Culture, media and sport secretary Tessa Jowell can expect a good press in The Times and its Murdoch tabloid sibling, The Sun.

Speaking Monday evening to the Society of Editors in Belfast, Jowell gave the clearest signal yet that newspaper proprietors such as Rupert Murdoch will be permitted to own terrestrial TV licences. “We will try to be as deregulatory as possible and intend to allow what market consolidation we can,” Jowell said after announcing a consultation paper to precede the introduction of the government’s Communications Bill early in 2002.

Under present law, no owner of a national newspaper can hold more than 20% of a terrestrial TV channel; nor may TV companies such as Carlton Communications and Granada Media own more than 20% each of Independent Television News.

The move to liberalisation was necessitated, said Jowell, by technological progress: “People are reading newspapers on the internet; before long they will be watching TV on their mobile phones. There will be new and exciting opportunities for competition and we are determined British companies should be able to take advantage.”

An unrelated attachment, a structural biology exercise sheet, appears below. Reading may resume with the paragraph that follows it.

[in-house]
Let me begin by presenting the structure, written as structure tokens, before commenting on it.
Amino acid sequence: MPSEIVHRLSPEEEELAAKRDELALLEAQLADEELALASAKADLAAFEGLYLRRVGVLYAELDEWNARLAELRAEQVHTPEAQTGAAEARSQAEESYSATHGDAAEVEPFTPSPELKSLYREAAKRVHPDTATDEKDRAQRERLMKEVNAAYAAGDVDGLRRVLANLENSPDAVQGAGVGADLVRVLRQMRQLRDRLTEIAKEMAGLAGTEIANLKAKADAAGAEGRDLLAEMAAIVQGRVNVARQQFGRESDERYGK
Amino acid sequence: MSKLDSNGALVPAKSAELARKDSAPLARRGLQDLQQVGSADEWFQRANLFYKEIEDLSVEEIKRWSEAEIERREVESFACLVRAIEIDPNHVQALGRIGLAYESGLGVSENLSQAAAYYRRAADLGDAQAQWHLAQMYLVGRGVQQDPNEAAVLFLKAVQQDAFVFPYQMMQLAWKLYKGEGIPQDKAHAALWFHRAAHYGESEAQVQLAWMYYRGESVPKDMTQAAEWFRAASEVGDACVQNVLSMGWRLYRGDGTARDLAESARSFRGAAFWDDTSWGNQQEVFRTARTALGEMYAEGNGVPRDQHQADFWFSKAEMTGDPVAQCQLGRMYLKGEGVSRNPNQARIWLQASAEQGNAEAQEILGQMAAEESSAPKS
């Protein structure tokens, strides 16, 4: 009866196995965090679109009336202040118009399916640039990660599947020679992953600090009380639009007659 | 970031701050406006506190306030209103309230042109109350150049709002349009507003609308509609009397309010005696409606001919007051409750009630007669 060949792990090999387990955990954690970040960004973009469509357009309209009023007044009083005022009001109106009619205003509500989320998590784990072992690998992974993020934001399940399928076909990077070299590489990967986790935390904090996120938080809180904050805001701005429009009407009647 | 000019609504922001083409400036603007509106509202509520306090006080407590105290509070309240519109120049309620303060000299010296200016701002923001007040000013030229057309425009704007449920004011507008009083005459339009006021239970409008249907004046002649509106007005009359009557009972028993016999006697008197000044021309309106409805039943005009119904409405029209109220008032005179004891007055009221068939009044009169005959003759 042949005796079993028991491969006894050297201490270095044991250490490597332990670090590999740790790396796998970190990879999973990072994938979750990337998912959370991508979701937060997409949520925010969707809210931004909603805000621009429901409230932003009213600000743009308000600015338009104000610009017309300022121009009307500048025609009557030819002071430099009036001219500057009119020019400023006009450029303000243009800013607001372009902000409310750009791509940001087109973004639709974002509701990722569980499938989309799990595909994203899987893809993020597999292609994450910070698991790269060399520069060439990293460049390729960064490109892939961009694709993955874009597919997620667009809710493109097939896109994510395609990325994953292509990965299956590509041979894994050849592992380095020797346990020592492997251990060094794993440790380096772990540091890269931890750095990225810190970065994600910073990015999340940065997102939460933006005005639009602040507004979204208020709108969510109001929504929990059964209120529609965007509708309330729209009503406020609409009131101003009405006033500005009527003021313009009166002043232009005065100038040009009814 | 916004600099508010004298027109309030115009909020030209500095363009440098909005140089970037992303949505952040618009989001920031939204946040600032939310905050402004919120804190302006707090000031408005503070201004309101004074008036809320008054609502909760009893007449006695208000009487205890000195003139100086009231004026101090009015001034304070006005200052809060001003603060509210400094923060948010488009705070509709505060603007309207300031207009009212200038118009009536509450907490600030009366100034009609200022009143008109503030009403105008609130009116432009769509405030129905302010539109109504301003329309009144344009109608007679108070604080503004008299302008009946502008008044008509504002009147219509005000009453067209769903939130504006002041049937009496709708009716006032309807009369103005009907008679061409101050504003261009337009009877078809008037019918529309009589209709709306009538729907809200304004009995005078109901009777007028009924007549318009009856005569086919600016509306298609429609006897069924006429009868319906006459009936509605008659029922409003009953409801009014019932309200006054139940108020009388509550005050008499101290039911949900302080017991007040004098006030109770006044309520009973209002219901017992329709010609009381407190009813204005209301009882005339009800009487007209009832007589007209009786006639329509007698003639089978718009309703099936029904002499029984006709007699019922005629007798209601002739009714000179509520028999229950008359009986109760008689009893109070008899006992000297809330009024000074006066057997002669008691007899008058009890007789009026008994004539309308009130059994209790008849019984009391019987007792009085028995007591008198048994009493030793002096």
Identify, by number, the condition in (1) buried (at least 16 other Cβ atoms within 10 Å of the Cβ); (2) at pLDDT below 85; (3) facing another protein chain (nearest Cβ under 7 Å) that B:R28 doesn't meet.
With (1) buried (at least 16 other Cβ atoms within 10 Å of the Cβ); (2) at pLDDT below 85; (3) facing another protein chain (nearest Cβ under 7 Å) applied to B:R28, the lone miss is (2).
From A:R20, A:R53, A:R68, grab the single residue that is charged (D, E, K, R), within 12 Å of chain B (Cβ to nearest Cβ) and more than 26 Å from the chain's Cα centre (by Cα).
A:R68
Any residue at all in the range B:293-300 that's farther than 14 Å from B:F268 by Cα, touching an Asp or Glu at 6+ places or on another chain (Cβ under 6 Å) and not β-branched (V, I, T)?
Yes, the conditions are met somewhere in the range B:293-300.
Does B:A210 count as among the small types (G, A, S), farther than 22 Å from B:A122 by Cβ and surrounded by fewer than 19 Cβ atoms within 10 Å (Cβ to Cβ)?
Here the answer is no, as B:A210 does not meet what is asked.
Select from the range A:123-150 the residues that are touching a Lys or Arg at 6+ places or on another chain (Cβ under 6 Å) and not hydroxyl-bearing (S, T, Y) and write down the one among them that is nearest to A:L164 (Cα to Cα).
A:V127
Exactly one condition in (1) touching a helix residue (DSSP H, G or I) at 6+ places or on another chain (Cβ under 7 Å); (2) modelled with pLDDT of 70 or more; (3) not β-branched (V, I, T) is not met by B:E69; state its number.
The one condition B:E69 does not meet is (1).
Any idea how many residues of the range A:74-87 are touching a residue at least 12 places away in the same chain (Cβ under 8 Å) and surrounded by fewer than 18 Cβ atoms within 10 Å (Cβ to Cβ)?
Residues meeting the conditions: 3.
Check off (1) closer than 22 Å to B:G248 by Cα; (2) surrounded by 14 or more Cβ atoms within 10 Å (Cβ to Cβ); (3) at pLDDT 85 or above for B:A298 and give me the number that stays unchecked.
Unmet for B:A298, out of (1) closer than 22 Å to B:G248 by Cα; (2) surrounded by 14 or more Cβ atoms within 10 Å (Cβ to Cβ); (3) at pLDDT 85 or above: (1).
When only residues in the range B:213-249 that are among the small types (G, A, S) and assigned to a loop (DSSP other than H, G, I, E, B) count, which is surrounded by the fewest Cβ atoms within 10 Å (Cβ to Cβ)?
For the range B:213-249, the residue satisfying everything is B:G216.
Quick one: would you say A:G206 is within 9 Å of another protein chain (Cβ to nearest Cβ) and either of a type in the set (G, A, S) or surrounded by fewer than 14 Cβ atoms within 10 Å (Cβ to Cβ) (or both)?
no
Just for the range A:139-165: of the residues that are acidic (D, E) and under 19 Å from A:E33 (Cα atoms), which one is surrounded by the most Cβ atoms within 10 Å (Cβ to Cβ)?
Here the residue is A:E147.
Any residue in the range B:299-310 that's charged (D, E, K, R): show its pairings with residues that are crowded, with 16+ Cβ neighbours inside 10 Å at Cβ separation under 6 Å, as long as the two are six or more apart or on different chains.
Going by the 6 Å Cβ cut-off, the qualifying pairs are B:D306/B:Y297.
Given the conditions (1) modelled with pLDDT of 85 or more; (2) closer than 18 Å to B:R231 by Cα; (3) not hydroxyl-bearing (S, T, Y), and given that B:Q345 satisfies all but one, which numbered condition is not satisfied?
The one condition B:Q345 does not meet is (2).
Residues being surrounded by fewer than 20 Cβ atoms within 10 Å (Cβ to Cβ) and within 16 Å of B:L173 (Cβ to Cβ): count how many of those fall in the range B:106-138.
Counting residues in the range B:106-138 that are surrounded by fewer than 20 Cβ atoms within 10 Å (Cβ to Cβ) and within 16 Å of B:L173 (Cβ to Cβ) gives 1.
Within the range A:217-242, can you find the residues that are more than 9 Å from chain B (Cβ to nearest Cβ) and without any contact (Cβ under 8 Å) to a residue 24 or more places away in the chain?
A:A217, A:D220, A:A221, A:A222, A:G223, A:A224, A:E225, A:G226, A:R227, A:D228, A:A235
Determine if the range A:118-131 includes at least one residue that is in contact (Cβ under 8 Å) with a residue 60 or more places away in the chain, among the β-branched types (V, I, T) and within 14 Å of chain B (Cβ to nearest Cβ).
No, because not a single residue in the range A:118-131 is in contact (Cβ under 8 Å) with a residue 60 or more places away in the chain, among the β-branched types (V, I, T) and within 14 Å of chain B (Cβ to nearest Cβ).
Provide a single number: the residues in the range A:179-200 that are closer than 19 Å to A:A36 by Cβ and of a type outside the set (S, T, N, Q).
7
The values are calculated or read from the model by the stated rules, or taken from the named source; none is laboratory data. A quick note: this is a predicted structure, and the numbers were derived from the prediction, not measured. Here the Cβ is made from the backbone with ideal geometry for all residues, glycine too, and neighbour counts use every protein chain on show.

This, she continued, might “require a different approach to regulation in new markets”. The government aimed to ensure the public received its news from multiple sources, although it would apply as light a legislative touch as possible.

“We have two aims. We need to uphold the interests of our citizens ... but we also want to encourage competition and to make Britain home to the most dynamic and competitive media market in the world. So we will try to be as deregulatory as possible and intend to allow what market consolidation we can.”

The consultation paper, to be published jointly in November by the Department of Culture, Media and Sport and the Department of Trade and Industry, will involve industry bodies as well as private individuals, with especial emphasis on the balance of power between the new independent media watchdog, Ofcom, and the government.

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